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Ashenfelter fights possible contempt order

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  1. Protecting Sources and Materials
Detroit Free Press reporter David Ashenfelter filed papers in federal court in Detroit this week asking the judge not to…

Detroit Free Press reporter David Ashenfelter filed papers in federal court in Detroit this week asking the judge not to hold him in contempt for refusing to reveal his confidential sources.

A federal judge ruled in August that Ashenfelter was not protected by the First Amendment; so last month, he invoked his Fifth Amendment right to be free from self-incrimination during a deposition. Former federal prosecutor Richard Convertino is seeking Ashenfelter’s testimony in his Privacy Act lawsuit against the Department of Justice for leaking to the press details of an investigation into his conduct during a terrorism trial.

Convertino’s lawyers filed a motion in December asking a federal judge in Detroit to hold Ashenfelter in contempt. Convertino asked the court to impose sanctions on Ashenfelter that would rise incrementally from $500 to $5,000 a day, the same fines that were imposed on reporter Toni Locy in Dr. Steven Hatfill’s now-settled Privacy Act suit.

In Ashenfelter’s court papers, his attorney, Herschel Fink, argued that Ashenfelter’s invocation of the Fifth Amendment was necessary because he fears he could face criminal prosecution if he reveals his sources.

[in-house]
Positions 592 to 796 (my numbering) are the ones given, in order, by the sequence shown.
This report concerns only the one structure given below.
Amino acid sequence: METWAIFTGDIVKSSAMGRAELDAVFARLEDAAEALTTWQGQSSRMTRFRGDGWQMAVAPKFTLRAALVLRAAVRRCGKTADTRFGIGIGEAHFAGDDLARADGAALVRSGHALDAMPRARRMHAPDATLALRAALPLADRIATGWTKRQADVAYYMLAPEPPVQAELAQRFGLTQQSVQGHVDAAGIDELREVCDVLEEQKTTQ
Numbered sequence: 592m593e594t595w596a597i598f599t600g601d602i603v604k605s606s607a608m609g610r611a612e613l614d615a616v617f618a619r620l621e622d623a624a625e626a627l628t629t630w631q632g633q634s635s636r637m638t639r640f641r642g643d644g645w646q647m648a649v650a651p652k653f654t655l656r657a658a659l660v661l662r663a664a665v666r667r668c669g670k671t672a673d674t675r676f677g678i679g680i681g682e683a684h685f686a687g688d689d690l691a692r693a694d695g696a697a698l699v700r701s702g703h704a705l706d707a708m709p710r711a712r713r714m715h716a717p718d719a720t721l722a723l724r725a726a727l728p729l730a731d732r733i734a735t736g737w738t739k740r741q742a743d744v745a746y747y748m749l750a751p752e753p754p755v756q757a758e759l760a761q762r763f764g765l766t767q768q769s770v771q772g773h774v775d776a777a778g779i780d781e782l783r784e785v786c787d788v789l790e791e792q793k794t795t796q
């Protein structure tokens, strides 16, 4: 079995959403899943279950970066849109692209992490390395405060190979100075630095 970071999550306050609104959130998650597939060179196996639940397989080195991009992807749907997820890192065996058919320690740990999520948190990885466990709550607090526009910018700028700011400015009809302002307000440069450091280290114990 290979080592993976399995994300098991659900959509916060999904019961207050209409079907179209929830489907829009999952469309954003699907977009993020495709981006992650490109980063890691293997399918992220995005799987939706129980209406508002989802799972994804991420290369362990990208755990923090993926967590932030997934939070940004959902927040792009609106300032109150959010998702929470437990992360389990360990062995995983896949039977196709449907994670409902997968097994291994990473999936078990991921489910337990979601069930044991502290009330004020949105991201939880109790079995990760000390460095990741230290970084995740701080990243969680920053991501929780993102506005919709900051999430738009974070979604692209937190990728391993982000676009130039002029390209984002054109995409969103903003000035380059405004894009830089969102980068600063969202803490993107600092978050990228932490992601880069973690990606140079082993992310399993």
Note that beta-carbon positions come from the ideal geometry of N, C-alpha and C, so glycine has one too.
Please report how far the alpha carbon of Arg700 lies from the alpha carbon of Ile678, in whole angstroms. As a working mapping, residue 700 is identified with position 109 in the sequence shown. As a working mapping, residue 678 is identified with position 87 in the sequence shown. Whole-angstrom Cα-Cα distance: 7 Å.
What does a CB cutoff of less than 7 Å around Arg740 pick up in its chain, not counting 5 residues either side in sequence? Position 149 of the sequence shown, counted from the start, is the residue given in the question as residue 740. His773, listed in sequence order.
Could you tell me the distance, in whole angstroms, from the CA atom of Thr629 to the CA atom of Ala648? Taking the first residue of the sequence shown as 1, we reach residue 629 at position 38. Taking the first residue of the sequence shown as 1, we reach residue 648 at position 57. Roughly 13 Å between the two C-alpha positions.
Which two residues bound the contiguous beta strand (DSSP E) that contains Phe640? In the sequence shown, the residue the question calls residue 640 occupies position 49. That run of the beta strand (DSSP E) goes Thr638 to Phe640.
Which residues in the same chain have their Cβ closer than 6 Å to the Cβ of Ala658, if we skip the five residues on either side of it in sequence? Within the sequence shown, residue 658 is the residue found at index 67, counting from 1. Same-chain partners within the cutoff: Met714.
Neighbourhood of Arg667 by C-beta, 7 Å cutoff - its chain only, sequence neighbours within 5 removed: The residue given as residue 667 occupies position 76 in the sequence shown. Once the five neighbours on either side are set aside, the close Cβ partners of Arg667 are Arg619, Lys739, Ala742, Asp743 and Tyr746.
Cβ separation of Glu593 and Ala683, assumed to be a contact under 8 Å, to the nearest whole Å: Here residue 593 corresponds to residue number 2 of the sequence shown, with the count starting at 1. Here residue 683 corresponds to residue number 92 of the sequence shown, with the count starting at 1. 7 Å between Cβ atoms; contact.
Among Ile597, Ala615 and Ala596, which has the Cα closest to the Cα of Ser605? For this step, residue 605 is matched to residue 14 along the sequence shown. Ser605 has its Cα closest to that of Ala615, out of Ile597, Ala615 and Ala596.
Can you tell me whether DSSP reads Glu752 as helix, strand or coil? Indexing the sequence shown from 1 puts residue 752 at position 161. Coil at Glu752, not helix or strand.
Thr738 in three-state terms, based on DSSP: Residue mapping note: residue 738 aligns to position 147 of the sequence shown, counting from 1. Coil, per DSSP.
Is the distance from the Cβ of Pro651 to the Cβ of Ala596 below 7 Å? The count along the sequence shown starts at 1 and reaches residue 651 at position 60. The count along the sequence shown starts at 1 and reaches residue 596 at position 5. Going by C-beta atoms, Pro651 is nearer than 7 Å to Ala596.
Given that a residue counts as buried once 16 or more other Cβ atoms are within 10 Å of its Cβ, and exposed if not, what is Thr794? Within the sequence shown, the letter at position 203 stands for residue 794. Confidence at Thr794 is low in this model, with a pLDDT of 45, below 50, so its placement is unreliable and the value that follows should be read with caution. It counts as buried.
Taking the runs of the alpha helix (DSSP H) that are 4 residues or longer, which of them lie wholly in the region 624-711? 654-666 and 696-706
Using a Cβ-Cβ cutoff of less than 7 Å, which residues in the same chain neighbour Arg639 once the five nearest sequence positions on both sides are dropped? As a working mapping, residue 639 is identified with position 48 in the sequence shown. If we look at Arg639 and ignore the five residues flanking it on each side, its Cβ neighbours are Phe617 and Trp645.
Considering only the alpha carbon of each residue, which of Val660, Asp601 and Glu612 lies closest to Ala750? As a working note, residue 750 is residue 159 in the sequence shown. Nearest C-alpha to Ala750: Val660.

Fink argued that the law only requires Ashenfelter to show that criminal prosecution is possible, not probable. Among the crimes that Ashenfelter could be charged with include conspiracy for any crime committed by a government official; violations of the Privacy Act; perjury; false statements; obstruction of justice; theft and receipt of government records; violations of the Espionage Act; or Michigan state laws that criminalize possession of stolen material, Fink argued in the brief.

To gauge the likelihood that Ashenfelter would be prosecuted, Fink pointed to Convertino’s own allegations that the reporter had violated the law. In both court papers, and on Convertino’s blog, there are allegations that Ashenfelter broke the law by publishing information coming from the DOJ leak about the government’s investigation.

“In our view, the judge has no option but to say he does not have to testify,” Fink said.

A hearing is set for Feb. 11 to determine if Ashenfelter will be held in contempt.